Brilliant and Maddening

William Jackson’s review of Moses and the Revelation.

“What makes Michael Bull’s books both brilliant and maddening is their conciseness.”

What makes Michael Bull’s books both brilliant and maddening is their conciseness. Writing as a graphic-artist, he lays out the text, and in fact the whole book, in a form that takes the shape of his subject. On one hand, this book on the Revelation is easy to read. In fact, the first half of the book is a summary of the whole Bible and how the shape of creation in Genesis shapes the rest of the text. This is called the “Matrix” pattern. He explains how these themes are repeated and applied to different circumstances. The second half of the book applies this “Matrix” to the book of Revelation. This means he has expertly condensed a monumental amount of information into those last a hundred pages or so! In many ways, this book is much more like brilliant lecture notes that allow you to explore a topic more fully on your own… after you have been introduced to the topic.

This book can be maddening to read, so you have to know that it is worth it. And it is worth it. Beside the format, another aspect that can make this book maddening is that you have to suspend all your preconceived notions about “End Times.” Debates such as those about “Post-Trib” or “Pre-Trib” that are so divisive, yet they are not easily avoided. While I agree with most of Michael’s points in the book, some of his statements struck me as cryptic and sent me searching for substantiation. Sometimes I could make the connections, sometimes I couldn’t. This could fuel his critics.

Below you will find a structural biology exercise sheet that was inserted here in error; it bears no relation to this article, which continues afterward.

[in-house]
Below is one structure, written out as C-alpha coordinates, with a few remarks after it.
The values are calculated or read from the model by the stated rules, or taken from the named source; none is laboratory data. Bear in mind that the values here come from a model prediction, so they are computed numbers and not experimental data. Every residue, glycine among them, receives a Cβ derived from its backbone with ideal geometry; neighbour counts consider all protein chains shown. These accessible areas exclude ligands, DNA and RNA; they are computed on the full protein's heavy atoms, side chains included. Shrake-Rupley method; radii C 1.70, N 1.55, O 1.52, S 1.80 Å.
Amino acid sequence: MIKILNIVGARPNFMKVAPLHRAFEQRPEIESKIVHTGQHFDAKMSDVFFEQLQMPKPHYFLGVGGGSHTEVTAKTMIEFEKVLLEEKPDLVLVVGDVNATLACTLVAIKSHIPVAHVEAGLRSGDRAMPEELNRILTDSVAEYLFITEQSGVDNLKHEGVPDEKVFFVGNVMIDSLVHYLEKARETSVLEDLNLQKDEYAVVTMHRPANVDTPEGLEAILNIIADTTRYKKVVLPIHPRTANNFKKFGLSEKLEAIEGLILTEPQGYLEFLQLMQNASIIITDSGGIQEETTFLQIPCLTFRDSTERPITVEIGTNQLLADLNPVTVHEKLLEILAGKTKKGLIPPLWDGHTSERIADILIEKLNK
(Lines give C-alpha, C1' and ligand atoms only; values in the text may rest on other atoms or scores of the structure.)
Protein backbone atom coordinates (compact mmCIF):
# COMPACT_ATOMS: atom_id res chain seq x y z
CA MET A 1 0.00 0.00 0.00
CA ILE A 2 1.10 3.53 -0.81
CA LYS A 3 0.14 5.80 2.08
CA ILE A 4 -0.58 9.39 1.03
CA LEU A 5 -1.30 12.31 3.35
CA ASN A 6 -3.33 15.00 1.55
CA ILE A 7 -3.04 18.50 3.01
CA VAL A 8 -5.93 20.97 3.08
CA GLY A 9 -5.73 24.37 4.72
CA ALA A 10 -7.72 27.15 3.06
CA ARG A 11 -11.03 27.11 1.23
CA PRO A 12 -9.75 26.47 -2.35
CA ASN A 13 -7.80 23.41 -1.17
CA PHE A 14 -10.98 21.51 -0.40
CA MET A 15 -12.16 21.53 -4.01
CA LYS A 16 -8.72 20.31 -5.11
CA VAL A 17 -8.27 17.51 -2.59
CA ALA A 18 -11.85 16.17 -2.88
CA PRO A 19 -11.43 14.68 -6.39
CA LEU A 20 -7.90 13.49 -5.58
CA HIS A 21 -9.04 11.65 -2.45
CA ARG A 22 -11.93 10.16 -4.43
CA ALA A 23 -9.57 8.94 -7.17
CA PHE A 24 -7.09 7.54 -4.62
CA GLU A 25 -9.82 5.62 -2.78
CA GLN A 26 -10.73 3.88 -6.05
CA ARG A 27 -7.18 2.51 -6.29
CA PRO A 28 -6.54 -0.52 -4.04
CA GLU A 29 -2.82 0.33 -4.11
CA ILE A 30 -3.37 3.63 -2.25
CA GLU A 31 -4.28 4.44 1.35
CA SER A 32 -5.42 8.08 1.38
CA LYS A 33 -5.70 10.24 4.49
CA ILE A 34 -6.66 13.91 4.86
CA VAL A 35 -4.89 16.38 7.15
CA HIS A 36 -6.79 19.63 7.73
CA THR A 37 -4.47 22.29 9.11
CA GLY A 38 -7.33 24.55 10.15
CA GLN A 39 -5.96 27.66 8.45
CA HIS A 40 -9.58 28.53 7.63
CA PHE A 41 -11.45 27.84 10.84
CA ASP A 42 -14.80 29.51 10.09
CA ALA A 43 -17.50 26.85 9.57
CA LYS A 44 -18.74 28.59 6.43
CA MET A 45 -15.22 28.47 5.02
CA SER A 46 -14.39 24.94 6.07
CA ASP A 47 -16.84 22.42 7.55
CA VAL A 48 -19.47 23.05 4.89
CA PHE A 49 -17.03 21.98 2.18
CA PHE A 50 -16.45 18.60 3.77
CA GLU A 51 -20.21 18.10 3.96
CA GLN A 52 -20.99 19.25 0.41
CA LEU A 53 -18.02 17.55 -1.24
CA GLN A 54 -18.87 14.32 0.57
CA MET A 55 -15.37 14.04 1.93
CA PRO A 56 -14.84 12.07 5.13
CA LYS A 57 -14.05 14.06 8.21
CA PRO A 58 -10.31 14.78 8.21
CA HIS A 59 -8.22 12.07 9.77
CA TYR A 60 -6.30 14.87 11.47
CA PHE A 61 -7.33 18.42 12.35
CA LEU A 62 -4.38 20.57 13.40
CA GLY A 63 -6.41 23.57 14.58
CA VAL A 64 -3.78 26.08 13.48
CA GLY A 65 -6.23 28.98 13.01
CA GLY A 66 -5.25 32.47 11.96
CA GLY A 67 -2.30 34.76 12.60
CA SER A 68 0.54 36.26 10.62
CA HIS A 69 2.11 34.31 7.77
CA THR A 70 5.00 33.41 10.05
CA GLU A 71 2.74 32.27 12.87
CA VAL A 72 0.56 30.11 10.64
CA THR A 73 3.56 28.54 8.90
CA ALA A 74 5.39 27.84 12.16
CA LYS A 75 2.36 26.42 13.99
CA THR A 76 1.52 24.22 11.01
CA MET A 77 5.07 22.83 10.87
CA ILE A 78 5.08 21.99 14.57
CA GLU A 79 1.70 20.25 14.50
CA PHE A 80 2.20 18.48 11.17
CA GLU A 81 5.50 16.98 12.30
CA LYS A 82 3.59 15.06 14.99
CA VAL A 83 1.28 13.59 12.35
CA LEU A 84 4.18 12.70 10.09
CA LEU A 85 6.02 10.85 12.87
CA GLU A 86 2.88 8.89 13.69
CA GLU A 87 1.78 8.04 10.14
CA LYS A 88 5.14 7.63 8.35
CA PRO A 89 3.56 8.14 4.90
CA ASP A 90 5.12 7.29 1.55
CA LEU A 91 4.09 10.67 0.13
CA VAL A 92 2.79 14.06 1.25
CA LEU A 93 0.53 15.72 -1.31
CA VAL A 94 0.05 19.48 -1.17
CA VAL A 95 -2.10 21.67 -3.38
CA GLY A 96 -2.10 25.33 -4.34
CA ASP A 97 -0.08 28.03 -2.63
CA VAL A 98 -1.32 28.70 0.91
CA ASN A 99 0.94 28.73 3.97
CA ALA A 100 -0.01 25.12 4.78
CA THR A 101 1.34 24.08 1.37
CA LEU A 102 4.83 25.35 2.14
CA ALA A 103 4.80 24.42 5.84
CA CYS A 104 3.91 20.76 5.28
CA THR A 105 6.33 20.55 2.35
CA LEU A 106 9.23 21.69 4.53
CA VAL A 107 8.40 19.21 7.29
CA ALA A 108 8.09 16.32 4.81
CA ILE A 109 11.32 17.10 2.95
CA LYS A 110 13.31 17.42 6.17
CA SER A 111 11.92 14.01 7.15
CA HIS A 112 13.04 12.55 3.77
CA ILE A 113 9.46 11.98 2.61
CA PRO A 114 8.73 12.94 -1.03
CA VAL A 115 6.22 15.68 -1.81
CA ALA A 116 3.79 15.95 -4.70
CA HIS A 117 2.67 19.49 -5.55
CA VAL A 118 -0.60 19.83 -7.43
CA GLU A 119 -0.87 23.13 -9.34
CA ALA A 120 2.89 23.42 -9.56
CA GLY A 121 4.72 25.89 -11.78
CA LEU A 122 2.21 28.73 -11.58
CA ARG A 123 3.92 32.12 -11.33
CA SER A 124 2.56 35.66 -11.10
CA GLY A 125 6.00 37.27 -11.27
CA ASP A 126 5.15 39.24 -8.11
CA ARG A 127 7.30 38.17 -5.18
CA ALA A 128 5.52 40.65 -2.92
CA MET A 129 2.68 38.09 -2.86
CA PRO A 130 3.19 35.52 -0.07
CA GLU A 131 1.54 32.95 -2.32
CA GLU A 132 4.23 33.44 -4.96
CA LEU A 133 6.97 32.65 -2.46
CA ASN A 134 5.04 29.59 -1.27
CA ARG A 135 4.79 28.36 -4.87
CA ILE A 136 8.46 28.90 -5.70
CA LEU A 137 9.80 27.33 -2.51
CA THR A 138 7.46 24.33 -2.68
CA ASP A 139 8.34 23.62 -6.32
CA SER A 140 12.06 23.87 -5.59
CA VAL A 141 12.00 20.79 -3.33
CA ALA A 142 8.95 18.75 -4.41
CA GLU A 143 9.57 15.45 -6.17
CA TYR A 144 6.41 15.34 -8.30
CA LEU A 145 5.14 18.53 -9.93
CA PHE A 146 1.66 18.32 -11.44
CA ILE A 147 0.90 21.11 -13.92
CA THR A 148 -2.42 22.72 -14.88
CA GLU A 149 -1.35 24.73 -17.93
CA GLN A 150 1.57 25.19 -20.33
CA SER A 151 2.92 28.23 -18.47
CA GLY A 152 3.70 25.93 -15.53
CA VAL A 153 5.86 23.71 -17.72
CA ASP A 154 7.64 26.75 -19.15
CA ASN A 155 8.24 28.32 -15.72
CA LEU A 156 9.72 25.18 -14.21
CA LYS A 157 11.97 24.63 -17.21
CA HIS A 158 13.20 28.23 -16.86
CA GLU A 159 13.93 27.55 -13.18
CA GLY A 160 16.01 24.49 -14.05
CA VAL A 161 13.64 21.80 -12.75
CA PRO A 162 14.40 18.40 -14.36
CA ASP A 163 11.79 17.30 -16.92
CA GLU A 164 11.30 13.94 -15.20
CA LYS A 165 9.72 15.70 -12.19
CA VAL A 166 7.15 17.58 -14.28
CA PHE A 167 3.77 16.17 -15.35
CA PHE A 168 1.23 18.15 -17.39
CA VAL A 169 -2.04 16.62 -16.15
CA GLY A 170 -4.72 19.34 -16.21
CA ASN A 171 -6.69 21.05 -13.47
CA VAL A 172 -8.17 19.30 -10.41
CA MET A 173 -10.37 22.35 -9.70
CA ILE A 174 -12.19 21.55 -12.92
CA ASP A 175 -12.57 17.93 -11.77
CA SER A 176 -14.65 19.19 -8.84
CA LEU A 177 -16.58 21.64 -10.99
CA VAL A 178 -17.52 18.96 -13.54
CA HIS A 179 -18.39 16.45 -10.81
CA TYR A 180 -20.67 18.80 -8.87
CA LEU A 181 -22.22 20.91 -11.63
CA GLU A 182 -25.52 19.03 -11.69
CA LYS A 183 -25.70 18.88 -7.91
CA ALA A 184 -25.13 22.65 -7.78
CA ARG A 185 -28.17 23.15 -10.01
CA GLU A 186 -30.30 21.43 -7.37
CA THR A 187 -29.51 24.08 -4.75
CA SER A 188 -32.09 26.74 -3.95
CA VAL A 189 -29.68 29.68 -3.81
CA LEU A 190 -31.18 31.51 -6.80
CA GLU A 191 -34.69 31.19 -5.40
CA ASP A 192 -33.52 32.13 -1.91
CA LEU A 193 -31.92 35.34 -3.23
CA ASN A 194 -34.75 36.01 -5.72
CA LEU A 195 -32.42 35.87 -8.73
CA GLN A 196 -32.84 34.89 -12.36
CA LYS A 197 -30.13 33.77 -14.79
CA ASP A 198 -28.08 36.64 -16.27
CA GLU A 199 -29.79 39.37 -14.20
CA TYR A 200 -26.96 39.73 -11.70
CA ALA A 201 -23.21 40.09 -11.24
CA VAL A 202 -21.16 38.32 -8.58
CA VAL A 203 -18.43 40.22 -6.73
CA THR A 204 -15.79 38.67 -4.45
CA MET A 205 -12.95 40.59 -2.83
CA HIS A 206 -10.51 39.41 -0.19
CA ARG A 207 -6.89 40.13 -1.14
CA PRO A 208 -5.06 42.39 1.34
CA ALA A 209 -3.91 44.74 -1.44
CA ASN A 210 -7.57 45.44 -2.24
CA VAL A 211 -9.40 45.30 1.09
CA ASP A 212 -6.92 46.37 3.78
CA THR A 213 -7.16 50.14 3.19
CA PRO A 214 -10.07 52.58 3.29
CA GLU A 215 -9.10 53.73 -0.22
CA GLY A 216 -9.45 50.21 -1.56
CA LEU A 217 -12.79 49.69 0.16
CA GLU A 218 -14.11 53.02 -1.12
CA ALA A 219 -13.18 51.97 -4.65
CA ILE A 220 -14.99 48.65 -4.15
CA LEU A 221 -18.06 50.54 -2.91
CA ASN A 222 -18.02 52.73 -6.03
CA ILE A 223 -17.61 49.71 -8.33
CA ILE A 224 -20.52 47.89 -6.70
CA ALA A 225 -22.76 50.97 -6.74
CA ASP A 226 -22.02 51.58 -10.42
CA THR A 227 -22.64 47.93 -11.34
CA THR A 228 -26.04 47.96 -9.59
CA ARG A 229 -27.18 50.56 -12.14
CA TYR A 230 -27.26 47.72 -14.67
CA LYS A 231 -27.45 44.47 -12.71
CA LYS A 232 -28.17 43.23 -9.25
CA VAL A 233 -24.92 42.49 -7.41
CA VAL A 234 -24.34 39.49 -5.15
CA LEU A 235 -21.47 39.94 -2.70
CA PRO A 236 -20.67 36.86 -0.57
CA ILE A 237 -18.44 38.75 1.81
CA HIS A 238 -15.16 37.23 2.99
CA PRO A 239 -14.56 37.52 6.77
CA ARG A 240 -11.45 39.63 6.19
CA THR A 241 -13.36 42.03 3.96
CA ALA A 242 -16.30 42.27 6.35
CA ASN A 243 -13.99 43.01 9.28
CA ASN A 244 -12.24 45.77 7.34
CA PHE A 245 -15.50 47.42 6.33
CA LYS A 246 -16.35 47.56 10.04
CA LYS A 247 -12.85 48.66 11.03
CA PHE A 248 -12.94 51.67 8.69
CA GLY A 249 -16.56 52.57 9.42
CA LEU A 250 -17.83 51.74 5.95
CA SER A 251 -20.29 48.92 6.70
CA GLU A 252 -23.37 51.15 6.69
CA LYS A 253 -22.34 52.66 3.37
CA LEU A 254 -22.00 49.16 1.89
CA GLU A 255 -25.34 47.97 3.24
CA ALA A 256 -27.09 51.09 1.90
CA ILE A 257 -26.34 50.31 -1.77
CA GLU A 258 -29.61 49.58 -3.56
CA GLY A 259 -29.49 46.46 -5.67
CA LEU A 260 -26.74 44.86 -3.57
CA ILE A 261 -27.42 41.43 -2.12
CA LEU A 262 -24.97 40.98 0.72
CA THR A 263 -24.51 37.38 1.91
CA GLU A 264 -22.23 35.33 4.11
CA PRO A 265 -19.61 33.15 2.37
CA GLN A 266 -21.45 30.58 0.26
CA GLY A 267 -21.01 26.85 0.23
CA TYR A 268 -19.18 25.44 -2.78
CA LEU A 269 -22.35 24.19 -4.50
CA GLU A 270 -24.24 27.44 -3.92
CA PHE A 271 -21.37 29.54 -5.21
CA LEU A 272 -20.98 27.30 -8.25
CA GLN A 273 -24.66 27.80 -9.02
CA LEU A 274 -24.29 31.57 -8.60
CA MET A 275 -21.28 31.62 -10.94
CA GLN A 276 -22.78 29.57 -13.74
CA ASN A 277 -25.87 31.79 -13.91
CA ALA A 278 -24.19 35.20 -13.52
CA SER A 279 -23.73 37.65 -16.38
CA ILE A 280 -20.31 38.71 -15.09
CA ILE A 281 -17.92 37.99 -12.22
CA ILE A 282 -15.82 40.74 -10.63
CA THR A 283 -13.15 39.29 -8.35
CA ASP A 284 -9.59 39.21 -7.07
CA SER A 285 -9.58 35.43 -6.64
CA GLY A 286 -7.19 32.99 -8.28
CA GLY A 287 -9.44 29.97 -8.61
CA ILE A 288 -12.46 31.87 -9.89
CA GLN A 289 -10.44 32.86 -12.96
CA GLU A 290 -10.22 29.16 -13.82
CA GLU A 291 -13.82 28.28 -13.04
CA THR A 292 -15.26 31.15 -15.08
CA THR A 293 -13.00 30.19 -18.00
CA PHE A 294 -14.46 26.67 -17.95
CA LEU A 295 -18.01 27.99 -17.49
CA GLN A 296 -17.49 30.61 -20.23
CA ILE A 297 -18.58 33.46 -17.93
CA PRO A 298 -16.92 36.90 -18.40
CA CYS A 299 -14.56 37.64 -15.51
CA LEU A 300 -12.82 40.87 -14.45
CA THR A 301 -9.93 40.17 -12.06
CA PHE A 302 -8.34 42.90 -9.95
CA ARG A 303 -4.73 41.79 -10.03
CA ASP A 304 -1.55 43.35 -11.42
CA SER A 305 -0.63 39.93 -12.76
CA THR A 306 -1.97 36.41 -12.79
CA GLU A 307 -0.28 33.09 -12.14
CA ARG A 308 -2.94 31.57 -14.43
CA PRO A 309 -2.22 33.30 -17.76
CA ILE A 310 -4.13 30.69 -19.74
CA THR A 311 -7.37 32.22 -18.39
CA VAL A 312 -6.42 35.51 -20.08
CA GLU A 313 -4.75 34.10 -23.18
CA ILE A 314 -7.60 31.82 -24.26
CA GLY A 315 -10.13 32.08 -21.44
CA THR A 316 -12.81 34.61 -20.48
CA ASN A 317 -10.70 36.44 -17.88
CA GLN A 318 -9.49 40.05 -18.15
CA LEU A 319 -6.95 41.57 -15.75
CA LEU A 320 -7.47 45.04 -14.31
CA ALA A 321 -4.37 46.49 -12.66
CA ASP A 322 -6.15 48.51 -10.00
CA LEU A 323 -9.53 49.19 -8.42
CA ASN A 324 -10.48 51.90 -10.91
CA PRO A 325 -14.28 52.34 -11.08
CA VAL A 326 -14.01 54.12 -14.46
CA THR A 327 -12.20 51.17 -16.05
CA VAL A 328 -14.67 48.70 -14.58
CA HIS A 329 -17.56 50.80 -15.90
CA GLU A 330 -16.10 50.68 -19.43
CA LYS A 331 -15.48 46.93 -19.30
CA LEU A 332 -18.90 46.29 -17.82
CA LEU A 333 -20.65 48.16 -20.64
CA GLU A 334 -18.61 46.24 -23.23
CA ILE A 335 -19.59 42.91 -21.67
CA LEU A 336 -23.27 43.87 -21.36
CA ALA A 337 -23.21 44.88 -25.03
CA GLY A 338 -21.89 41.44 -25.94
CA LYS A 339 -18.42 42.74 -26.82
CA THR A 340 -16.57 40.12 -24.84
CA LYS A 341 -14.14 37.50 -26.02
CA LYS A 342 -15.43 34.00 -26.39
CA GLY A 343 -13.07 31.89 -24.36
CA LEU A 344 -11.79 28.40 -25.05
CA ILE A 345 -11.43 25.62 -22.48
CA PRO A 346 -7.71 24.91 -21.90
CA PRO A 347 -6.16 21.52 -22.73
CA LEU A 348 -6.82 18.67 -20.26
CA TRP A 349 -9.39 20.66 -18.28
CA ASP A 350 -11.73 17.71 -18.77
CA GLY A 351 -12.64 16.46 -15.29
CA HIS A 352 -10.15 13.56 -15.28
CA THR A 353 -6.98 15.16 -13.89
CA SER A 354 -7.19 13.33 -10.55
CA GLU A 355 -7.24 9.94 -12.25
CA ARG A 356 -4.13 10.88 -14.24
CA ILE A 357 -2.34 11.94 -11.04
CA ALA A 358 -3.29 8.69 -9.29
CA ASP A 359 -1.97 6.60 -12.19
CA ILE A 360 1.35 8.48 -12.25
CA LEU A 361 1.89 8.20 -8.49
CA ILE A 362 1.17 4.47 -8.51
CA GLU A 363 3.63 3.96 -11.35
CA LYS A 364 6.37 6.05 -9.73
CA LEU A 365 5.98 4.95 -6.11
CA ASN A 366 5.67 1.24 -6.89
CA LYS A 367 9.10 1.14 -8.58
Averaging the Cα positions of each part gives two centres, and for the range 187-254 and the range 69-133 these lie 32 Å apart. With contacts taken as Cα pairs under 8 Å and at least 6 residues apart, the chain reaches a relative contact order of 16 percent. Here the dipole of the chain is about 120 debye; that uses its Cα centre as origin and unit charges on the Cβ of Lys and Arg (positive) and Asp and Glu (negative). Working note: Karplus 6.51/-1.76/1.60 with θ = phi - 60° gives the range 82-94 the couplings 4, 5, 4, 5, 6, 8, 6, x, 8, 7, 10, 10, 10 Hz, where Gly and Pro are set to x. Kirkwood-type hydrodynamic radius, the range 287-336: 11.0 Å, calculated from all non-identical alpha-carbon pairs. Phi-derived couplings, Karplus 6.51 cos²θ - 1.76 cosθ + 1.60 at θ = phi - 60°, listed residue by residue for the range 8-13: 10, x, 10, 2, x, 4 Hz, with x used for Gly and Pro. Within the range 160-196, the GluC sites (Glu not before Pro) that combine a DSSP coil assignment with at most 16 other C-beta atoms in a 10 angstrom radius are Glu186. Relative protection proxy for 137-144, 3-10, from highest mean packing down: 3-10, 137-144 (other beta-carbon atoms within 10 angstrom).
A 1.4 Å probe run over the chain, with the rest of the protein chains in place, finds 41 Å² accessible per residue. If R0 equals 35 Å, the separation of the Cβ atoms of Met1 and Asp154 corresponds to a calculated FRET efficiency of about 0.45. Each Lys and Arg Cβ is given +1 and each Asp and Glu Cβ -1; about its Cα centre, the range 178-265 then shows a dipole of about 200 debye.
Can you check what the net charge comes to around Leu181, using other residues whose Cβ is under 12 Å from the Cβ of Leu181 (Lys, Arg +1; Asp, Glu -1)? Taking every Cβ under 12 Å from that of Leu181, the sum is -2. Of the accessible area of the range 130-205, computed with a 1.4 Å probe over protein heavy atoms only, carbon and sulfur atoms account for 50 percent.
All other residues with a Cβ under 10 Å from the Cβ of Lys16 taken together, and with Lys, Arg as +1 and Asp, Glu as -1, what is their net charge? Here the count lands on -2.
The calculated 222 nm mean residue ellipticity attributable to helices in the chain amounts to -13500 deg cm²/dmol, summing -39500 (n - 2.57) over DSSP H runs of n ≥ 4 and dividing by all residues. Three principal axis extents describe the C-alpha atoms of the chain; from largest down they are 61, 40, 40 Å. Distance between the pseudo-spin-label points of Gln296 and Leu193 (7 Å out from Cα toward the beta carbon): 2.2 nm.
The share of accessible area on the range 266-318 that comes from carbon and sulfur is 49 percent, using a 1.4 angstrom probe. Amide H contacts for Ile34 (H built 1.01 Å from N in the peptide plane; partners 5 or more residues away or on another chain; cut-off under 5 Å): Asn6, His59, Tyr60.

The book is maddening, but it is brilliant. Even if you don’t understand or agree with much in Michael’s premises, the connections he makes with the texts is rewarding. Any one of his outlines can yield a wealth of biblical insight… and I find that more valuable than having someone confirm what I might already think. While I agree with most of the conclusions of this book, I am sure these “Matrix” outlines (“T.H.E.O.S.”) will be valuable even to those who hold a different dispensational view of history. I think Michael is really onto something by seeing Moses as Revelation’s major interpreter.

For me, I found the book more rewarding and understandable read in light of where it is going. It may have been helpful to have included a section titled, “How to use this book.” I suggest reading chapter 5 and then the last two chapters (13 & 14) right after the introduction, before reading the rest of the book. This will clear your mind of how he sees the big picture fitting together. The rest of the book backs up that vision. I highly recommend this book. It is a much needed word that brings a fruitful simplicity to the text and answers many critics’ complaints about the Bible.

You can read the introduction to Moses and the Revelation here.

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